Tarot Runes I Ching Stichomancy Contact
Store Numerology Coin Flip Yes or No Webmasters
Personal Celebrity Biorhythms Bibliomancy Settings

Today's Stichomancy for Robert Redford

The first excerpt represents the past or something you must release, and is drawn from The Waste Land by T. S. Eliot:

If there were water we should stop and drink Amongst the rock one cannot stop or think Sweat is dry and feet are in the sand If there were only water amongst the rock Dead mountain mouth of carious teeth that cannot spit Here one can neither stand nor lie nor sit 340 There is not even silence in the mountains But dry sterile thunder without rain There is not even solitude in the mountains But red sullen faces sneer and snarl From doors of mudcracked houses


The Waste Land
The second excerpt represents the present or the deciding factor of the moment, and is drawn from The Marvelous Land of Oz by L. Frank Baum:

I can remember, about counting up to the odd number of seventeen by the even numbers of twos."

"Stop! stop!" cried the Pumpkinhead. "You're making my head ache."

"And mine," added the Scarecrow. "Your mathematics seem to me very like a bottle of mixed pickles the more you fish for what you want the less chance you have of getting it. I am certain that if the thing can be accomplished at all, it is in a very simple manner."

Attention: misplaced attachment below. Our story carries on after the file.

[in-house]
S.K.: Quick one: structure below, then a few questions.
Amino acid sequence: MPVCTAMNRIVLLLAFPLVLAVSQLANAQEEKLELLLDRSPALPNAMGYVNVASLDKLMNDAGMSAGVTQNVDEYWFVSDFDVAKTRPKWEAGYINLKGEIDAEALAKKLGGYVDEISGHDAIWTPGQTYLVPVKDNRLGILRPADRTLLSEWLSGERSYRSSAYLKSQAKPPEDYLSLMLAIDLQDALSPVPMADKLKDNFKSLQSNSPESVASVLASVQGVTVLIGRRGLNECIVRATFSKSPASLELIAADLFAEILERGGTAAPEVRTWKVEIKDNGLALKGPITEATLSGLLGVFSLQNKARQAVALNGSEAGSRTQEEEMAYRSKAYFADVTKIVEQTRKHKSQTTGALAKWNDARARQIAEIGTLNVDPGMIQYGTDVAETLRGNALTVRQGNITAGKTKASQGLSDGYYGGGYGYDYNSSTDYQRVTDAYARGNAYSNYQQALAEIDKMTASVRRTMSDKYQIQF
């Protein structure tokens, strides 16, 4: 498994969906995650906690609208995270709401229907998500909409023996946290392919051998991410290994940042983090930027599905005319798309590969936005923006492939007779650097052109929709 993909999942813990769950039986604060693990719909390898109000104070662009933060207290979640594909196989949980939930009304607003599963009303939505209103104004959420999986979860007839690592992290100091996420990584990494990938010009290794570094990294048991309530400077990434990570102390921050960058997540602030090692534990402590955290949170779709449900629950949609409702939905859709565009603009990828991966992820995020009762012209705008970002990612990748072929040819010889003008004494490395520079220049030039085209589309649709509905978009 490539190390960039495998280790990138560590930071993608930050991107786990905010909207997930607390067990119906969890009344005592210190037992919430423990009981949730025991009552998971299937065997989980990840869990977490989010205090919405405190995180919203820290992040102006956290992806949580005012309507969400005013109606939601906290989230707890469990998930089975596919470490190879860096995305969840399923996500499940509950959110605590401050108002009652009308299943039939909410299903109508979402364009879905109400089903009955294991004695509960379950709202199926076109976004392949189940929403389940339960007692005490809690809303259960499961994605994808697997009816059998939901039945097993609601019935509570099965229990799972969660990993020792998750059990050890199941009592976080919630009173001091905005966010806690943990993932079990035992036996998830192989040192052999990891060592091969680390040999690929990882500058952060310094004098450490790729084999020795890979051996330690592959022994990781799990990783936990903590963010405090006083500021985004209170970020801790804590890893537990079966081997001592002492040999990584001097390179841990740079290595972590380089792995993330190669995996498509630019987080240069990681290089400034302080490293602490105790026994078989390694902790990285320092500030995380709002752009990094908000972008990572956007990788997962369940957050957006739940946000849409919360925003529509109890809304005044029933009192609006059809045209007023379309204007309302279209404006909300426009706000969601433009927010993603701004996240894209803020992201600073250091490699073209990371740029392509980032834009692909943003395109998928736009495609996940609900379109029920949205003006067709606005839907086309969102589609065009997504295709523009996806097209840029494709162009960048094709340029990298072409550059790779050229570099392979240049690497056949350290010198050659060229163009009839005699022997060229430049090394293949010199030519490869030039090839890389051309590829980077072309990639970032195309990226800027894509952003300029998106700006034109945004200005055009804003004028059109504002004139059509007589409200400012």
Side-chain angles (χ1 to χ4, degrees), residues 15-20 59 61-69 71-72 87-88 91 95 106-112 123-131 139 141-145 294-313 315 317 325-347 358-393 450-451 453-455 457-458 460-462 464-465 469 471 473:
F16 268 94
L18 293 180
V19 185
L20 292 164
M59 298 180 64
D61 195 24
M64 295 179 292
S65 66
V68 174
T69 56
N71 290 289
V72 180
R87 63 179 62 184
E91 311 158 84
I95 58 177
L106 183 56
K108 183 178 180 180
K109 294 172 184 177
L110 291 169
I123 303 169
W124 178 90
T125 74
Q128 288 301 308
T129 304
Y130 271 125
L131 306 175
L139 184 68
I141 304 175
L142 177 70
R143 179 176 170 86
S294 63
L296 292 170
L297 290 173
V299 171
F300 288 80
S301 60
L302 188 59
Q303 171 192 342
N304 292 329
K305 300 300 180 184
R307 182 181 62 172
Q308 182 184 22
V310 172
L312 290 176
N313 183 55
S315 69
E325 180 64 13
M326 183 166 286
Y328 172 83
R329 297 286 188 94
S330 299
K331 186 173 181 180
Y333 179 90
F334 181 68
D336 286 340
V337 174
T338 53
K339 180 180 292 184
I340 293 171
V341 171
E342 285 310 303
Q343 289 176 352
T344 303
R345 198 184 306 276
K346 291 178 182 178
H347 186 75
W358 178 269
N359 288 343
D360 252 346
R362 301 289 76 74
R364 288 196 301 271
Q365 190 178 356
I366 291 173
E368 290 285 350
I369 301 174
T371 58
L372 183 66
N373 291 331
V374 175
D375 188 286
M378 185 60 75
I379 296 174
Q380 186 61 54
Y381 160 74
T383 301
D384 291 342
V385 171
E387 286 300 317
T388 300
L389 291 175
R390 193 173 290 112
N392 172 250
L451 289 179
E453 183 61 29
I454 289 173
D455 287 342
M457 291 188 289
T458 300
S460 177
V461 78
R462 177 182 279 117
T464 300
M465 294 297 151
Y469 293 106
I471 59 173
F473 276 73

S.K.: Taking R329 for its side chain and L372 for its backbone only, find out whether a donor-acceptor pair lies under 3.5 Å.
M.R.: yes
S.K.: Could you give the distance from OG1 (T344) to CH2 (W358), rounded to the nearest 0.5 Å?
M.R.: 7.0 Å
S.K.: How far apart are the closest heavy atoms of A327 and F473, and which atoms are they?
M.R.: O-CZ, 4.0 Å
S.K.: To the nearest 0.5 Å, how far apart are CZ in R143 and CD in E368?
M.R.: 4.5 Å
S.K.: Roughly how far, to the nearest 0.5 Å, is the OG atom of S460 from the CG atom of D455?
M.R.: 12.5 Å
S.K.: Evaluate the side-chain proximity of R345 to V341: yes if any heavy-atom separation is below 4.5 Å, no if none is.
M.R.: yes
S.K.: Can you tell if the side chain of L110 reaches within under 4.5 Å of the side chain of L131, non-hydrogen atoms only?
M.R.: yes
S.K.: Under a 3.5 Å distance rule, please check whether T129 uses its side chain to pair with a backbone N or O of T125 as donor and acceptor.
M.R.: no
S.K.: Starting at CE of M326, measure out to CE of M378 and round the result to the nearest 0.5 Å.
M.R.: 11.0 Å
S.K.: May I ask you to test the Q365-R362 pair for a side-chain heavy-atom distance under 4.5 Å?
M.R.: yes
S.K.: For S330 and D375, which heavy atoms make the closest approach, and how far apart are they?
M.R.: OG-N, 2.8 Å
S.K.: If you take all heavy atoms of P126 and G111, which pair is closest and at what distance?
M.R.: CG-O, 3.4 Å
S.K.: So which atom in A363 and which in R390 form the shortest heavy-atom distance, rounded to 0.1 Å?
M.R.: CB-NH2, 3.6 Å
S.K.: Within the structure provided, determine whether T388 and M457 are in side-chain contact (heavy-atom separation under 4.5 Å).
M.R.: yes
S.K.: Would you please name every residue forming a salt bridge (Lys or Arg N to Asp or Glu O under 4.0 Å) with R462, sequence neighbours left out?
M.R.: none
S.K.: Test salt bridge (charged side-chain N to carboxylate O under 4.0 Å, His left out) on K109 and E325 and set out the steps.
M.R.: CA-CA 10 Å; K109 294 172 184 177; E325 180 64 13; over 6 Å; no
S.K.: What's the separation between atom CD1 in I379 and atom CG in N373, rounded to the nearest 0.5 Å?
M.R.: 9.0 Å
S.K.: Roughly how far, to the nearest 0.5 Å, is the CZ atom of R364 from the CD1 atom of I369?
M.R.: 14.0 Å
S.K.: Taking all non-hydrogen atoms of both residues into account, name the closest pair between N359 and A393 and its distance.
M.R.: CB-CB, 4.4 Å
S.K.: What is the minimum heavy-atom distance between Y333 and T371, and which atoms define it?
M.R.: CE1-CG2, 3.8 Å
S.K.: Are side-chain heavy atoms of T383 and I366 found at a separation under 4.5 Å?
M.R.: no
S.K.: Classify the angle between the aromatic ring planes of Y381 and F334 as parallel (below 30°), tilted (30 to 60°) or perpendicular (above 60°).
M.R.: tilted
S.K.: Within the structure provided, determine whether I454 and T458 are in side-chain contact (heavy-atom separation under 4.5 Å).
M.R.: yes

"Yes," said Tip. "old Mombi couldn't use x's and minuses, for she never went to school."

"Why not start counting at a half of one?" asked the Saw-Horse, abruptly. "Then anyone can count up to seventeen by twos very easily."


The Marvelous Land of Oz
The third excerpt represents the future or something you must embrace, and is drawn from The Rescue by Joseph Conrad:

call down again this man to the earth. But it was Lingard who spoke first. "Where has Mrs. Travers gone?"

"She has gone . . . where naturally she would be anxious to go first of all since she has managed to come to us," answered d'Alcacer, wording his answer with the utmost regard for the delicacy of the situation.

The stillness of Lingard seemed to have grown even more impressive. He spoke again.

"I wonder what those two can have to say to each other."

He might have been asking that of the whole darkened part of the globe, but it was d'Alcacer who answered in his courteous tones.


The Rescue